Crisis Management

Aug 9, 2006 6:47pm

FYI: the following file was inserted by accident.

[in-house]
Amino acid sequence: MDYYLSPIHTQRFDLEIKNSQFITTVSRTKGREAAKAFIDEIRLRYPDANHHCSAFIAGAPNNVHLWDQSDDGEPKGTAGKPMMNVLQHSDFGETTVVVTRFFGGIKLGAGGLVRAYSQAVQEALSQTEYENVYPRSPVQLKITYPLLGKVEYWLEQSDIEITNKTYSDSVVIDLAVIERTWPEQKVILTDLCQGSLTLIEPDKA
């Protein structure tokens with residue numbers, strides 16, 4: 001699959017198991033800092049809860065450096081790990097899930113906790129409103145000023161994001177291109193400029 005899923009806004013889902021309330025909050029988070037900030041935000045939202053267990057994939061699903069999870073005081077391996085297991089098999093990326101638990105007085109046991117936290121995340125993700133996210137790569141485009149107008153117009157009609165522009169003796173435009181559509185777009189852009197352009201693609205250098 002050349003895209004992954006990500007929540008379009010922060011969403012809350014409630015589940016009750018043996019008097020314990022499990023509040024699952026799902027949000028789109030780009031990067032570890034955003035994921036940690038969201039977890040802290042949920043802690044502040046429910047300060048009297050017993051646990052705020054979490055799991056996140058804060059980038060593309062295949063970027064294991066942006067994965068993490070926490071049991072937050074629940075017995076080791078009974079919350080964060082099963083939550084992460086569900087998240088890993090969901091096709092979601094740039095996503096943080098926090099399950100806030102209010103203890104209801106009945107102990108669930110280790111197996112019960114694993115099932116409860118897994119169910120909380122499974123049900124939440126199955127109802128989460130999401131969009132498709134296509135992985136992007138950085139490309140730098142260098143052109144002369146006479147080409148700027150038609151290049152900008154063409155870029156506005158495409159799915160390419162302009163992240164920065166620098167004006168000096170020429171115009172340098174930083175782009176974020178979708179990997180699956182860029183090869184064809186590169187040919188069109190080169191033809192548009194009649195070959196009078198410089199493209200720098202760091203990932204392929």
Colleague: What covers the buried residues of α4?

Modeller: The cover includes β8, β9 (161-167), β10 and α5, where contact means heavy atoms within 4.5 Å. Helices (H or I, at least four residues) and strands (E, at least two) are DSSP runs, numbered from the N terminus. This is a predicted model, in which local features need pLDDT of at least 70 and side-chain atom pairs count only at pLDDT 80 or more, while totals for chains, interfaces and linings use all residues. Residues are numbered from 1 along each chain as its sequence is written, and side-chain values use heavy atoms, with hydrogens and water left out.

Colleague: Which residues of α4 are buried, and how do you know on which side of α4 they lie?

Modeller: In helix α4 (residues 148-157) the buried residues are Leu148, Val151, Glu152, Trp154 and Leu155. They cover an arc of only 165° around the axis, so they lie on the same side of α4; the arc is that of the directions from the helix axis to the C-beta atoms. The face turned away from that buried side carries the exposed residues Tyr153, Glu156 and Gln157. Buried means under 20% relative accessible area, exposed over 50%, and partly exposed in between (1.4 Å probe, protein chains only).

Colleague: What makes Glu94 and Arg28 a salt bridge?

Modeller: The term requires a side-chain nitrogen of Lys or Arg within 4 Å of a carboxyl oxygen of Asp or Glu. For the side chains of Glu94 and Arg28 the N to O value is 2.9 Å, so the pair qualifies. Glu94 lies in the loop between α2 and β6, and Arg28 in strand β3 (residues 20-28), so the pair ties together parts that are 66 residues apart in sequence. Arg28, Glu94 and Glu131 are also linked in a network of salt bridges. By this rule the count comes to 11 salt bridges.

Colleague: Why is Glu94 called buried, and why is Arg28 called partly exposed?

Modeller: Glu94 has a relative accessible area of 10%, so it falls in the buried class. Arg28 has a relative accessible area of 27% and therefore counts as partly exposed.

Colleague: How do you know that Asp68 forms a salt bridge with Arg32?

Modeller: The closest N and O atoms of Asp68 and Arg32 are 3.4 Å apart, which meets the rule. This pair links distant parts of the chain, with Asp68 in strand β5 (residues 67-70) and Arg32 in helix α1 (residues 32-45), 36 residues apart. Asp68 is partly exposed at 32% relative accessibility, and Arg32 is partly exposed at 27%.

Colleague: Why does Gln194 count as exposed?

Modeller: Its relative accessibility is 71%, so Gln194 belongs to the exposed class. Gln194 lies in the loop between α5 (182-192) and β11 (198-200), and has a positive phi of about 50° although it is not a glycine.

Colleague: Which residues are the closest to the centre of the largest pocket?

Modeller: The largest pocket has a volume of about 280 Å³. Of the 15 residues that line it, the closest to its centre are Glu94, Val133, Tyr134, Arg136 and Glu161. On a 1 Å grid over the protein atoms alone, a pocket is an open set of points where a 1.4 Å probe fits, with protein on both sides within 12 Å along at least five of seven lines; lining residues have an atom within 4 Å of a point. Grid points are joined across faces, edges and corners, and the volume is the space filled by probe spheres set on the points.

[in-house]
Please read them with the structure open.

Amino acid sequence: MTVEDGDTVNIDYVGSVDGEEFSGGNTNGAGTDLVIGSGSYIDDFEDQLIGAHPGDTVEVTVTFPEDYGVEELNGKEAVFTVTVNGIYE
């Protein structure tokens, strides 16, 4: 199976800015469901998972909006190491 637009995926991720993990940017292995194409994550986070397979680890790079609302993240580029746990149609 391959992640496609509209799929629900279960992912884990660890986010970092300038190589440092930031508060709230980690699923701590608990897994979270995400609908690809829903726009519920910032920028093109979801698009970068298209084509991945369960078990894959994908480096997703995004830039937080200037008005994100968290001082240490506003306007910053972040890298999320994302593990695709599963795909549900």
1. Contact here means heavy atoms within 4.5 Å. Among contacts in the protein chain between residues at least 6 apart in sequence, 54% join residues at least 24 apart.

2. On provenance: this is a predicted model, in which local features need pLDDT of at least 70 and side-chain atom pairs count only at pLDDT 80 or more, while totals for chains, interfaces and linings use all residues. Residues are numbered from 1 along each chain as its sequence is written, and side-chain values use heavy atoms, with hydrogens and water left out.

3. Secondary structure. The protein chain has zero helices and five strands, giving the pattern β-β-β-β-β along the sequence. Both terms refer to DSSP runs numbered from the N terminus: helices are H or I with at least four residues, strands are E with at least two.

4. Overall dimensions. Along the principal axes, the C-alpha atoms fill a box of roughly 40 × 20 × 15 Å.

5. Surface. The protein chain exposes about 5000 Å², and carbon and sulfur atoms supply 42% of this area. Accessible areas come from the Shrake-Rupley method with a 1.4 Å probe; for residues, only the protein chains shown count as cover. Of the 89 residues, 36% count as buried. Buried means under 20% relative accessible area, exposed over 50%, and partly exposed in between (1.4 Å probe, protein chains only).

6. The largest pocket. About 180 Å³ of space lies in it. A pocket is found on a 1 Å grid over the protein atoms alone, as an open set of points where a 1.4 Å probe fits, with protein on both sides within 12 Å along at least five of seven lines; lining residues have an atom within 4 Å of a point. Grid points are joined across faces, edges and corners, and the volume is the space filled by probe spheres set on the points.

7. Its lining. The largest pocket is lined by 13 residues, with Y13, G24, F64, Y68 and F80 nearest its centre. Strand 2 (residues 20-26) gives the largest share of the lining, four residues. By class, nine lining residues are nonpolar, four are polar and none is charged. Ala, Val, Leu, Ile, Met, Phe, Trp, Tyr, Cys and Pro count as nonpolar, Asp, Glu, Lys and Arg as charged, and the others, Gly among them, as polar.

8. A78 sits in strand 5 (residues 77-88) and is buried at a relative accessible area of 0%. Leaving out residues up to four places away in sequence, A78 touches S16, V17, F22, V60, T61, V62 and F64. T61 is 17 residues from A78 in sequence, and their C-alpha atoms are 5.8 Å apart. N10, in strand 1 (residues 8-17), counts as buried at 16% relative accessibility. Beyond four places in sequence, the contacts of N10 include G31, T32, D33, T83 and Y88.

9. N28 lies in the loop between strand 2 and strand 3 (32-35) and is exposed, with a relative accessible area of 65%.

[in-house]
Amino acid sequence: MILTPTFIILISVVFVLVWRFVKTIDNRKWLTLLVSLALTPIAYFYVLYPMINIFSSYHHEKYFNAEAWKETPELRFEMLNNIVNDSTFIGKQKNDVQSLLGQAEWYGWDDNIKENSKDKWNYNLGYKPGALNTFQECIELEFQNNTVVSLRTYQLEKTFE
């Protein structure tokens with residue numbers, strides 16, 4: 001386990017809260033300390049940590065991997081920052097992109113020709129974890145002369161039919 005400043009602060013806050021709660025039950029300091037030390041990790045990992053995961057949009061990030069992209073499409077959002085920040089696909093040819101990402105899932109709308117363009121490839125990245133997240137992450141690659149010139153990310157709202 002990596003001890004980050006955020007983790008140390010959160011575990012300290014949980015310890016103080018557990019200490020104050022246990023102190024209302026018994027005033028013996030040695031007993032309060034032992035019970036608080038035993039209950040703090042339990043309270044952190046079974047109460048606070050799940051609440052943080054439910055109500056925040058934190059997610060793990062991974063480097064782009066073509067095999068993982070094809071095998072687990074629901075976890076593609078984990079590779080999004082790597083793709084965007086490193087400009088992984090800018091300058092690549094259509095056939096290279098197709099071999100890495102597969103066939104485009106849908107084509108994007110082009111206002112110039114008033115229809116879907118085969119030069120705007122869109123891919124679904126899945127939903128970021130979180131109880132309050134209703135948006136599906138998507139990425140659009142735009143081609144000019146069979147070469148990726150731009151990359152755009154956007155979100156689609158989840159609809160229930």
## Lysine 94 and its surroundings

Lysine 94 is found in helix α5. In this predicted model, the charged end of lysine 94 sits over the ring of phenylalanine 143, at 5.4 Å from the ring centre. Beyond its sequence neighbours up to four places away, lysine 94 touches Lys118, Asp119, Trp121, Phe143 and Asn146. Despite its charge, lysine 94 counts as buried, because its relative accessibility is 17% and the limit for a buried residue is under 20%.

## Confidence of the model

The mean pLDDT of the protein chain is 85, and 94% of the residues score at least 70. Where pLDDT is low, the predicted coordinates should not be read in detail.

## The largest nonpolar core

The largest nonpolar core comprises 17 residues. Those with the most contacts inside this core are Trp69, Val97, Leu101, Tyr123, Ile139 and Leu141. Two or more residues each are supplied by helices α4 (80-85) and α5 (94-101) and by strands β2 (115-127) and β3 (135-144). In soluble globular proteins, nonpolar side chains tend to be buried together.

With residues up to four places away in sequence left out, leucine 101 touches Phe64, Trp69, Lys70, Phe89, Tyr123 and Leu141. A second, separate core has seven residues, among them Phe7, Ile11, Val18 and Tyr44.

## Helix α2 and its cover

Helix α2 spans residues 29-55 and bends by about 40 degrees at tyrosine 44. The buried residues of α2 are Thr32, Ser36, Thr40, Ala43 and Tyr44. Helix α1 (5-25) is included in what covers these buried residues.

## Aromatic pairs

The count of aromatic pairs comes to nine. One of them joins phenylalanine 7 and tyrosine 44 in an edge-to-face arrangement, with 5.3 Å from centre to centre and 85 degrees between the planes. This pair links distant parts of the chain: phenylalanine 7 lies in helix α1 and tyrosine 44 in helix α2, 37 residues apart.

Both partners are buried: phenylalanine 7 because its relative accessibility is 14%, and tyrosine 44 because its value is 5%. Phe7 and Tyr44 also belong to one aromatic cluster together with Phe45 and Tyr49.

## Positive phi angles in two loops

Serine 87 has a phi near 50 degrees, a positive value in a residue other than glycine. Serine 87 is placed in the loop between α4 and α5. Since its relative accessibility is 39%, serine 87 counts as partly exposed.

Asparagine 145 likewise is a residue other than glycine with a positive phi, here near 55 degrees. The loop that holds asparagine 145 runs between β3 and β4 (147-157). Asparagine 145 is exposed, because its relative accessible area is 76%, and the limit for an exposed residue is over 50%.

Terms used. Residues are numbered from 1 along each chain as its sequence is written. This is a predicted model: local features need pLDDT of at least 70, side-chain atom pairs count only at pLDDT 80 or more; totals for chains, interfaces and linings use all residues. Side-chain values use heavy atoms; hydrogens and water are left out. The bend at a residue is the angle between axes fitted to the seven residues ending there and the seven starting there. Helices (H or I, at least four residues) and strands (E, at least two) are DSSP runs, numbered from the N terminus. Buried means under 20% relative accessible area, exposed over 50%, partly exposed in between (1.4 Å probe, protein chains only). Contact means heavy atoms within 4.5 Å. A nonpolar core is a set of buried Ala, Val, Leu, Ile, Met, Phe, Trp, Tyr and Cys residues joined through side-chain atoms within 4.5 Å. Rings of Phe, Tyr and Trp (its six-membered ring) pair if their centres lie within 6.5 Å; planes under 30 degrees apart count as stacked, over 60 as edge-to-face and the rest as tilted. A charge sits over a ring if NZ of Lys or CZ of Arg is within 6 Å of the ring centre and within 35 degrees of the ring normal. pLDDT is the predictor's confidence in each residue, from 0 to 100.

In the early days of the space program, a clever public affairs chief at NASA gave his staff new marching orders on how to deal with reporters: When things are going well, tell them everything.  When things are going badly, tell them more. That was a very early version of what’s become the near-science of crisis management.  BP may have been surprised by its crumbling pipelines on the North Slope of Alaska, but nobody should have been surprised by BP’s response. It was probably all sitting on a shelf, waiting to be used.  “We sincerely apologize for [insert description of accident]….” Read what Bob Malone, the President of BP America, said today in an interview with ABC News.  "I’ve apologized publicly. …" Malone said. "We’re the operator of the Prudhoe Bay oil field, and we are responsible for its safe operation."  BP has put up a website to "provide information about BP’s corrosion response activities;" its web address is instructive: Rule Number One is to be contrite.  Rule Number Two is not to give an inch. No matter how sincere, how caring, how concerned the company sounds, there will be lawsuits, investigations, and sharp words from political opponents.  Oil companies have been trying for decades to expand their drilling into other areas of northern Alaska.  So far they’ve been unsuccessful — and they’ve just handed environmental groups a lot of ammunition. Here’s a quote from the Northern Alaska Environmental Center, a small group in Fairbanks: “BP’s latest pipeline leaks and corrosion are a preview of just how "gentle" oil drilling operations would be if allowed in Teshekpuk Lake area or the fragile coastal plain of the Arctic National Wildlife Refuge. Messy problems like pipeline leaks, the largest crude oil spill in Prudhoe Bay oil fields, and 57 leaking wells are not isolated incidents but the latest in decades history of poor environmental practices.” Another environmental group said to me they actually have a fairly cordial relationship with BP, since they take it seriously when it talks about going “Beyond Petroleum.”  Still, an oil company can’t afford to prove its opponents right. (Picture of feeder pipes from BP’s web site.)

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